Halifax is upping its reward to new current account customers with a sweetener of £125.
The deal applies to customers switching from another bank using Halifax's dedicated switching service, and who close their old account held elsewhere. But you'll have to move fast, as the deal closes on 5 April.
Customers get the £125 within three working days of the switch completing. And there's more rewards to be had, too, with the possibility of monthly £5 payments when customers pay in £750, pay out two direct debits and stay in credit.
This compares favourably to First Direct's now-expired £125 incentive, which also required customers to pay in at least £1,000 a month, keep an average balance above £1,000 in the account, or take out another First Direct product such as a savings account, credit card, loan or mortgage.
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In theory, customers can make up to £185 from the Halifax deal during the course of the year. And online and mobile banking customers, says Halifax, can also earn cashback from a range of top retailers.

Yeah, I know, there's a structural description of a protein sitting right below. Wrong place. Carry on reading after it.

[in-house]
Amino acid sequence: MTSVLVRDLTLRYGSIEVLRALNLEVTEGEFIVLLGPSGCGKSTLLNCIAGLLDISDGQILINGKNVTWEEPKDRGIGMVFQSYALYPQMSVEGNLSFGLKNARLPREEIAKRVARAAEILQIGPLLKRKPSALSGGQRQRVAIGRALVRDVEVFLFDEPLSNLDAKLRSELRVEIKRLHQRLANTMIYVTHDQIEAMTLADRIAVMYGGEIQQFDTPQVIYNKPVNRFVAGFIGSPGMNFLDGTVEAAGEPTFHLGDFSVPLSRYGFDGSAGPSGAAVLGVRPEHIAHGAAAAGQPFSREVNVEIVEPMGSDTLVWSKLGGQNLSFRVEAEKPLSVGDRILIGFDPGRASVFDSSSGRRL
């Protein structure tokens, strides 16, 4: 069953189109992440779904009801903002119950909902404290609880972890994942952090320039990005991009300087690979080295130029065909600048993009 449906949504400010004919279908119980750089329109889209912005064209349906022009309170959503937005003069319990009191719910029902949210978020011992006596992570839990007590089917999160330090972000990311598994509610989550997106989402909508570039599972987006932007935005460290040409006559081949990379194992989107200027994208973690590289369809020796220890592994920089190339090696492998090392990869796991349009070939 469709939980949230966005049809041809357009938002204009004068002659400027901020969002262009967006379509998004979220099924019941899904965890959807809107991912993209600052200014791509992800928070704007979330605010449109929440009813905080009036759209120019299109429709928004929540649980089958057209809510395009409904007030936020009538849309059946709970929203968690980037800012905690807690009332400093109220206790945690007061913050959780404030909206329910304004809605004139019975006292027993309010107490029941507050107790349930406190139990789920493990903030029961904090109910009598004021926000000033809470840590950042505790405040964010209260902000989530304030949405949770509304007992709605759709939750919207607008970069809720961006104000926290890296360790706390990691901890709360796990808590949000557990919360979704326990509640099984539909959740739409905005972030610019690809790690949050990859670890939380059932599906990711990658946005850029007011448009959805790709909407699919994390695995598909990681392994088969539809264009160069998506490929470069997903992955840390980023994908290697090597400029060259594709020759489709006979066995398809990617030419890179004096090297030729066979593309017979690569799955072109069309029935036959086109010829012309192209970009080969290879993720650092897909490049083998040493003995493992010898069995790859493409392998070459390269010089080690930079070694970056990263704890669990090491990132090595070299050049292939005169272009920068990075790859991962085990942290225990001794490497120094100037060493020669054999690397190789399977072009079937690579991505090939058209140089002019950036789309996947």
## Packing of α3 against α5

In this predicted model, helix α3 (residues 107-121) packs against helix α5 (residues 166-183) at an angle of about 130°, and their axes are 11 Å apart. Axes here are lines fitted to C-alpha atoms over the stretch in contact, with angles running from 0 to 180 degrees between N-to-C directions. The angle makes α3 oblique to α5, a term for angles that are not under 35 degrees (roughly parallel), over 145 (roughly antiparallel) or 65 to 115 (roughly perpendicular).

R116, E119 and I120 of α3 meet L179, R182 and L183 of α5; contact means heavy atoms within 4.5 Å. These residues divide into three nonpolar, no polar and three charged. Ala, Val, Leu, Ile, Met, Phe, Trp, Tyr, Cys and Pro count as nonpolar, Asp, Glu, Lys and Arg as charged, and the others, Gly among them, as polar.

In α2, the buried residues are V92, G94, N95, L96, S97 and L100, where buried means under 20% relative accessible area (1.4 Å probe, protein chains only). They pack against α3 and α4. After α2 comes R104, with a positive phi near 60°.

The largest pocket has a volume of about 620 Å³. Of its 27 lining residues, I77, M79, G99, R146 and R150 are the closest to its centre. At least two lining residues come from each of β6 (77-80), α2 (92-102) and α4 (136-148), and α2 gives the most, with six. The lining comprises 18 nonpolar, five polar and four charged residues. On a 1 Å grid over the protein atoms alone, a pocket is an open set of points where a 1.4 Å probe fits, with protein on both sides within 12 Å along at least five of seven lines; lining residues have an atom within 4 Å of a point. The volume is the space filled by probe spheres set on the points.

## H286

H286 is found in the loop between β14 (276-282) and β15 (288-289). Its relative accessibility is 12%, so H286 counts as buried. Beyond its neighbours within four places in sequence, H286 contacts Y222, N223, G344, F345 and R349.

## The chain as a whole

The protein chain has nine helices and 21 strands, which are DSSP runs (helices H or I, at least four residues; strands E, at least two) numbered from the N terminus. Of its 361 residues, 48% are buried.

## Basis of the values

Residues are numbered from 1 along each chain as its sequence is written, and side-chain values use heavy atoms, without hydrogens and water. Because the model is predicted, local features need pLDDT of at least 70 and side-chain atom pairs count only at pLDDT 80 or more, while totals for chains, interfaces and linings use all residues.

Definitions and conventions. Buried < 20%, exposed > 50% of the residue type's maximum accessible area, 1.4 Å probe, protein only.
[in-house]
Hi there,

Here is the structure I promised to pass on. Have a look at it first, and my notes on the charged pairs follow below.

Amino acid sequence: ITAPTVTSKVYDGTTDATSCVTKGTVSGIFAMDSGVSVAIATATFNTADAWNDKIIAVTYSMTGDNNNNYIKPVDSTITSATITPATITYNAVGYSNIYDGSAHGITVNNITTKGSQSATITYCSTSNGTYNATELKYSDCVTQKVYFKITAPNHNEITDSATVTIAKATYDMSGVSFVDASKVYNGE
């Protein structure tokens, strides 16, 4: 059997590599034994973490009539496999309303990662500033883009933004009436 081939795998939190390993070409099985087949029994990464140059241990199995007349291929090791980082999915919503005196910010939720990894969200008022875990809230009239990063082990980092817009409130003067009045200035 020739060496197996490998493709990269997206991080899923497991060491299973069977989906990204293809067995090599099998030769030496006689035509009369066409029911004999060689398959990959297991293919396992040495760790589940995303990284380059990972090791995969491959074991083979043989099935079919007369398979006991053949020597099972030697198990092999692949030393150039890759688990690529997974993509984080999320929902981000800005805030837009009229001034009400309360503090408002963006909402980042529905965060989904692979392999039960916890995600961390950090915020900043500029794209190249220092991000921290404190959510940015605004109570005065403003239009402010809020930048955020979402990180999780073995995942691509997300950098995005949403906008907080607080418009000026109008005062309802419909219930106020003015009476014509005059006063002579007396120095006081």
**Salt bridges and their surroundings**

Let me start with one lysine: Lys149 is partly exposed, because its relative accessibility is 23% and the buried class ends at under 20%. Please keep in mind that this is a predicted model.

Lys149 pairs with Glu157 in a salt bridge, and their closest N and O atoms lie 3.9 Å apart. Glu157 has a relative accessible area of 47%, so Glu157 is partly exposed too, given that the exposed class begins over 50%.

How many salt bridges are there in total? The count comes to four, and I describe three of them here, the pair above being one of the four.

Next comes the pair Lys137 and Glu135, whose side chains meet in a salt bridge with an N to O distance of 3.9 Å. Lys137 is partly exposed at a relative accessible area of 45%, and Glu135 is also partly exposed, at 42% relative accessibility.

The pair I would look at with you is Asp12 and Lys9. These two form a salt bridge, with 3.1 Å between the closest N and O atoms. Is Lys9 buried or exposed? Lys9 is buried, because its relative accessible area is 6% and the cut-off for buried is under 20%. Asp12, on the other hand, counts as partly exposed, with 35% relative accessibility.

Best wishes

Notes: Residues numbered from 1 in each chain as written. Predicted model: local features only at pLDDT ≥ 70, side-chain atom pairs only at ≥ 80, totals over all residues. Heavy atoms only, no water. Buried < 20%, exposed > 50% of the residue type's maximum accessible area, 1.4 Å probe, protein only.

"Since its introduction our £100 switching offer has remained extremely popular with customers. We are delighted that from today we are increasing this reward for customers to £125 for a limited period," says Anthony Warrington, director of Halifax current accounts.
Under the Current Account Switch System (CASS), it's now supposed to be quicker and easier to switch banks. Everything should be done within seven days, and outgoing payments such as direct debits should be transferred automatically.
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And there's a guarantee that if any mistakes are made, your new account provider will refund the full amount.
In the service's first year, according to the Payments Council, there have been more than 1.1 million switches, with 88% of these people saying the service was easy to use.
Banks have been encouraging people to make the move with a range of sweetener deals - although these are not always all that they seem. The Halifax account, for example, may come with a cash payment but has comparatively high overdraft charges.
Recently, financial services firm PwC found that a third of bank customers were unaware of hidden charges such as overdraft charges, penalty fees and uncompetitive or zero rates of interest.
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